TAMPA, Fla. — Thousands of produce industry buyers, growers, marketers and others in the supply chain found new products and services on display at the Southeast Produce Council's Southern Exposure show in Tampa.
The Packer's Eastern Editor Doug Ohlemeier gathered the following news items March 3 on the expo floor.
Ayco Farms Inc., Deerfield Beach, Fla., is introducing specialty melons.
The piel de sapo, Spanish for its frog skin texture, and juan canary melons contain high brix and high sugars, said Chris Horrell, salesman.
Ayco began shipping the melons in December.
Horrell said the grower-shipper, importer and distributor of melons, watermelon, asparagus and baby artichokes is receiving strong retailer response to the specialty melons.
“Especially with what has been happening with the shaky cantaloupe market,” he said. “Cantaloupe sales continue to be sluggish.”
Central American Produce
Central American Produce Inc. is entering the cucumber, squash and okra deals.
The Pompano Beach, Fla.-based grower-shipper and importer of cantaloupe, vegetables and tropicals is importing Guatemalan cucumbers and zucchini and yellow squash and Honduran okra.
Central American Produce began shipping the vegetables in January.
In early March, it began importing Honduran galia and Italian specialty melons and watermelon.
“We are expanding our categories and distribution,” said Michael Warren, president.
“While we are well-known for cantaloupe, we are diversifying into other items.”
Central American is increasing its partnerships with Georgia and North Carolina melon growers, Warren said.
Hoping to lift strawberry sales through cross-merchandising, Colorful Harvest LLC is introducing a tall display.
The three-foot-high “Strawberry Parking Garage” display is designed to attract shopper attention, said Doug Ranno, chief operating officer and managing partner of the Salinas, Calif.-based Colorful Harvest.
Featuring a rear clip that allows it to hook onto center racks, the display allows for eye-level viewing, Ranno said.
Designed for placement in cereal, dairy and bakery areas of supermarkets, the secondary display should help boost sales.
“This is the same principal of placing bananas in (the) cereal aisle,” Ranno said.
“This is a good way for Colorful Harvest partners and other retailers willing to explore how such displays can incrementally grow strawberry sales.”
Ranno cited research and said he expects the secondary displays to yield up to 20% increases in sales.
Flavor-Pic Tomato Co. Inc., Birmingham, Ala., is introducing convenience-sized grape tomato cups.
The 4-ounce biodegradable “Handy Candy” cups are designed to appeal to shoppers looking for convenience items, said Rick Murrah, marketing director.
“The retailers are always looking for you to do something different,” Murrah said.
“We address the packaging as a means of capturing market share.”
Murrah said Flavor-Pic is setting up U.S. and Canadian distributors to handle the convenience product, which he said should work well with healthy eating initiatives.
Pero Family Farms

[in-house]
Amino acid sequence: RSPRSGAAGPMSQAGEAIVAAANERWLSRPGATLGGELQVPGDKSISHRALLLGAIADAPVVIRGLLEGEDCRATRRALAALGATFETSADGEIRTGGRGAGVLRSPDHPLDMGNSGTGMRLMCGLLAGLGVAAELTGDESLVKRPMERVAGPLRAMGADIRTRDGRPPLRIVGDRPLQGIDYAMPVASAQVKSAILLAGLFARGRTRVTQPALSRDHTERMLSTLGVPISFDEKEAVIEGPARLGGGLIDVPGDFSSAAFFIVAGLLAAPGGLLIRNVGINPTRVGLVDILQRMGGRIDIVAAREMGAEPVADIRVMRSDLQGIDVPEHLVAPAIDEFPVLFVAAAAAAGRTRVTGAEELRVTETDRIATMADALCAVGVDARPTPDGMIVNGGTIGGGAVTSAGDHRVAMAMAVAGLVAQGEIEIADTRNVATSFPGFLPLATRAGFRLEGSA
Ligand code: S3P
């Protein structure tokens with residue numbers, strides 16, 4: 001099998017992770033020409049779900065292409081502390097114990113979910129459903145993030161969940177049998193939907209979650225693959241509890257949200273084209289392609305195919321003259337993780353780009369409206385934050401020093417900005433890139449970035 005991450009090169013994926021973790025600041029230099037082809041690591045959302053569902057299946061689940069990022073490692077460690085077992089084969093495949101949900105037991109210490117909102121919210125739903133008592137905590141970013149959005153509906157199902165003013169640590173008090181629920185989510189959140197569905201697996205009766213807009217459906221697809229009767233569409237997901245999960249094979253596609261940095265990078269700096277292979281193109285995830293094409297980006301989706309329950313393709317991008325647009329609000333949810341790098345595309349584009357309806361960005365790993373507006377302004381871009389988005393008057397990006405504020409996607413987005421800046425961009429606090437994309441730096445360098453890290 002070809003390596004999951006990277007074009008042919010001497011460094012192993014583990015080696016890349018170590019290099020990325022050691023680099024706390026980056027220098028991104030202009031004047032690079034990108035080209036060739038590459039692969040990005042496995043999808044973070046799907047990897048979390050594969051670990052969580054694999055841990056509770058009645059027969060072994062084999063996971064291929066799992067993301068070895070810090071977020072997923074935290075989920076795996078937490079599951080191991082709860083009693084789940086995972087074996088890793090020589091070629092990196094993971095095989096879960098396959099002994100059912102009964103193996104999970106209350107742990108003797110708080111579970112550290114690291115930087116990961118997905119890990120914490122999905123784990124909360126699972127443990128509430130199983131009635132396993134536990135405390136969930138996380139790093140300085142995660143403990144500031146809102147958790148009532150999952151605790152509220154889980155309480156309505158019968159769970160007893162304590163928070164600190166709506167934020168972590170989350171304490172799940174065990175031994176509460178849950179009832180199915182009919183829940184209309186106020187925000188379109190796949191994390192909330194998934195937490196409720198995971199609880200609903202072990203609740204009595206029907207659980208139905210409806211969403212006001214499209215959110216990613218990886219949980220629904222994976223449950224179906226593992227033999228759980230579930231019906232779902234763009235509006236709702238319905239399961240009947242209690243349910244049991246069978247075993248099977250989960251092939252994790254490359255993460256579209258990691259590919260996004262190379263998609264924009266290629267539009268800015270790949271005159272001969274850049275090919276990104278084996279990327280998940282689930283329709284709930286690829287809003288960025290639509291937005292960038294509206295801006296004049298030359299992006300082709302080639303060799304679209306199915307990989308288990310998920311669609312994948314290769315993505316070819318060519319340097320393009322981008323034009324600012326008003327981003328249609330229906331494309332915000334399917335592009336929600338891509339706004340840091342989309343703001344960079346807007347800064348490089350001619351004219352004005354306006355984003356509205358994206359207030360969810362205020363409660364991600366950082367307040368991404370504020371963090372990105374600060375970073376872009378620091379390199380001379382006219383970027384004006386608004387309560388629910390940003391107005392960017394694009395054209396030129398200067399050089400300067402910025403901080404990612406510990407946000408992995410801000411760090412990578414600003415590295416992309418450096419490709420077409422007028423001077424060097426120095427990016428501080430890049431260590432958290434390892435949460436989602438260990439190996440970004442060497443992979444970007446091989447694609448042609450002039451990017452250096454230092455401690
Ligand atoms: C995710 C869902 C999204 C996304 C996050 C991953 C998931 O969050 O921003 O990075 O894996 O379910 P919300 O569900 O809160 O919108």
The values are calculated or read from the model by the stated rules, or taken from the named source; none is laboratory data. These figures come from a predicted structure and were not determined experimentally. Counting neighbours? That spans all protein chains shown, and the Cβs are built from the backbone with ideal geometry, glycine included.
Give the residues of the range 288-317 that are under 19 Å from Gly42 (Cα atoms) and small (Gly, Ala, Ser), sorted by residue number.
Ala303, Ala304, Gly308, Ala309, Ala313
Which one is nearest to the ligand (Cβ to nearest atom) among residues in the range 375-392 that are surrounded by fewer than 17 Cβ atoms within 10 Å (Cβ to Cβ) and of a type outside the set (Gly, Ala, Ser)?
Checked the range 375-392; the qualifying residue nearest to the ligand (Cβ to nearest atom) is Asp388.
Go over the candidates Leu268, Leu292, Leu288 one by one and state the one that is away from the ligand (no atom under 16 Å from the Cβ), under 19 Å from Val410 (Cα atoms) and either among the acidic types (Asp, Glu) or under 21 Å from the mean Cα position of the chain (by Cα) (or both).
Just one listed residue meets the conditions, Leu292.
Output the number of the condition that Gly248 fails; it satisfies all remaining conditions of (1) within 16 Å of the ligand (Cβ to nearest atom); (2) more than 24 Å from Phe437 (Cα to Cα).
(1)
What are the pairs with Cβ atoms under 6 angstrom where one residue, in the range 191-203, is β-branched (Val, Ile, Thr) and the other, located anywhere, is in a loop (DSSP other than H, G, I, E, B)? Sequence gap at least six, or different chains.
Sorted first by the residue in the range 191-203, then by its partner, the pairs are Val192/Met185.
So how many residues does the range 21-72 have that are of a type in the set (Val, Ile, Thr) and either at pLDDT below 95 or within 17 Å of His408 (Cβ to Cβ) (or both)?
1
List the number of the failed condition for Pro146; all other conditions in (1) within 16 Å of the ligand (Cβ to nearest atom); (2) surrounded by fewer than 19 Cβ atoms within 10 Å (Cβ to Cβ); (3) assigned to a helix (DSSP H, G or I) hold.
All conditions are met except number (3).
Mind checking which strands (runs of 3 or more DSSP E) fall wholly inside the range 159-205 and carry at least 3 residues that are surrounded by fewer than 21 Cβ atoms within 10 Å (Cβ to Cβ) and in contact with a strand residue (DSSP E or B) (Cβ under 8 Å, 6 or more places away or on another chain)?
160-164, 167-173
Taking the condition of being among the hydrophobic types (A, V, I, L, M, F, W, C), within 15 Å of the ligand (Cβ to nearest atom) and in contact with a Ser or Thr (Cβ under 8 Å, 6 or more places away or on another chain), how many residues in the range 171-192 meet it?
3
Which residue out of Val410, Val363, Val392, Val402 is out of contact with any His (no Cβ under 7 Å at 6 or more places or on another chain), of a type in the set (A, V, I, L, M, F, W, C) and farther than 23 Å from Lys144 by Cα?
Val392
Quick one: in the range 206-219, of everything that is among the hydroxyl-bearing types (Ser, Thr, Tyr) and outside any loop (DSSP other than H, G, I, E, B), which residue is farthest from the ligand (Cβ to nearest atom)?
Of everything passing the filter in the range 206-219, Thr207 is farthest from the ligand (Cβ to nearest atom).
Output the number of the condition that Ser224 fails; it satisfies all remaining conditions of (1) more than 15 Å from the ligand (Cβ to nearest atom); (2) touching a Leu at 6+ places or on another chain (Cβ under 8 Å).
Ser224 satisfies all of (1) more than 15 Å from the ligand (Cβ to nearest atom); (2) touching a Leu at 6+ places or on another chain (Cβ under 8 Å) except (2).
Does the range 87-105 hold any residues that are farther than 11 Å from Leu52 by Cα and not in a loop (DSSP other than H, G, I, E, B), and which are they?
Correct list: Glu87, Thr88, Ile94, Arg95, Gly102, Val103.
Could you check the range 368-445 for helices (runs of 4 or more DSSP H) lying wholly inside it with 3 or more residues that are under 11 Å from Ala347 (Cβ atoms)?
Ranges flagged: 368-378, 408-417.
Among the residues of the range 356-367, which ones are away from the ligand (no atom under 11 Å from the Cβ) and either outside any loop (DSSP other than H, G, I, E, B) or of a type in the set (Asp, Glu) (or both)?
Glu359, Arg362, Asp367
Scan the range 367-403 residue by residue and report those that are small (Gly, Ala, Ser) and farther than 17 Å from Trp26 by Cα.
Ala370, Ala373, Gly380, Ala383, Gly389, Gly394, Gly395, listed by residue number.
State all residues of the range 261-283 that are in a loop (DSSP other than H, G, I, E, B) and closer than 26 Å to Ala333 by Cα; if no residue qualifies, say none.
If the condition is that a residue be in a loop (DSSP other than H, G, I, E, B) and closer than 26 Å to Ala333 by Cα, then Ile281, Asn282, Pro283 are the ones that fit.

Pero Family Farms, Delray Beach, Fla., is adding quick-response codes to miniature sweet pepper bags.
The codes include information on recipes for grilling, salads, side dishes and entrees, said Scott Seddon, marketing and advertising specialist.
He said the codes are affixed to 8-ounce, 1-pound and 2-pound bags.
Seddon said the upgrade follows consumer requests for recipes.
Pero began adding the codes in early March.
Walter P Rawl & Sons
Walter P Rawl & Sons Inc., Pelion, S.C., is expanding its Versatile Veggies line.
The leafy greens grower-shipper is adding 8-ounce bags of English peas, french beans, snow peas, sugar snap peas and 10-ounce bags of select stem broccoli.
The packaging promotes the products’ use in salads, baking, boiling, stir-frying and microwave preparation.
Also, Rawl & Sons is shipping organic 8-ounce clamshells of collard greens and 7-ounce clamshells of kale under the Natures Green label.
Rawl plans to increase shipments of the products in April, said Chad James, buyer and salesman.
Supreme Cuts LLC, Mahwah, N.J., is adding to its line of fresh-cut vegetables for retail and foodservice.
In November, the fresh-cut processor introduced 20-ounce plastic packs with lids holding chunks of butternut squash, rutabaga and sweet potato.
Supreme Cuts is releasing two-count 5-pound and two-count 10-pound bags of rutabaga, butternut squash and sweet potatoes and two-count 5-pound bags and 20-ounce clamshells of the autumn medley of carrots, rutabaga and butternut squash chunks.
In early March, Supreme Cuts began shipping 16-ounce microwaveable bags of rainbow fingerling and petite gold potatoes as well as 11-ounce clamshells of brussels sprouts, said Merle Axelrod, president.
Wayne E. Bailey
Trying to help shoppers bake more sweet potatoes, Wayne E. Bailey Produce Co., Chadbourn, N.C., is selling sweet potatoes in tray packs.
The grower-shipper is packing four-count sweet potatoes in microwaveable overwrapped packs similar to white potato tray packs, said George Wooten, president and owner.
Wayne E. Bailey is marketing the washed potatoes under the “Sweet Potatoes Made Simple” slogan.The trays come 12 per case and feature consistent-sized sweet potatoes that individually average 9 ounces, he said.
“These are like baked potatoes for grilling,” Wooten said. “We had to set up a special packing line to run the correct sizes.”
Wayne E. Bailey began shipping the packs in January.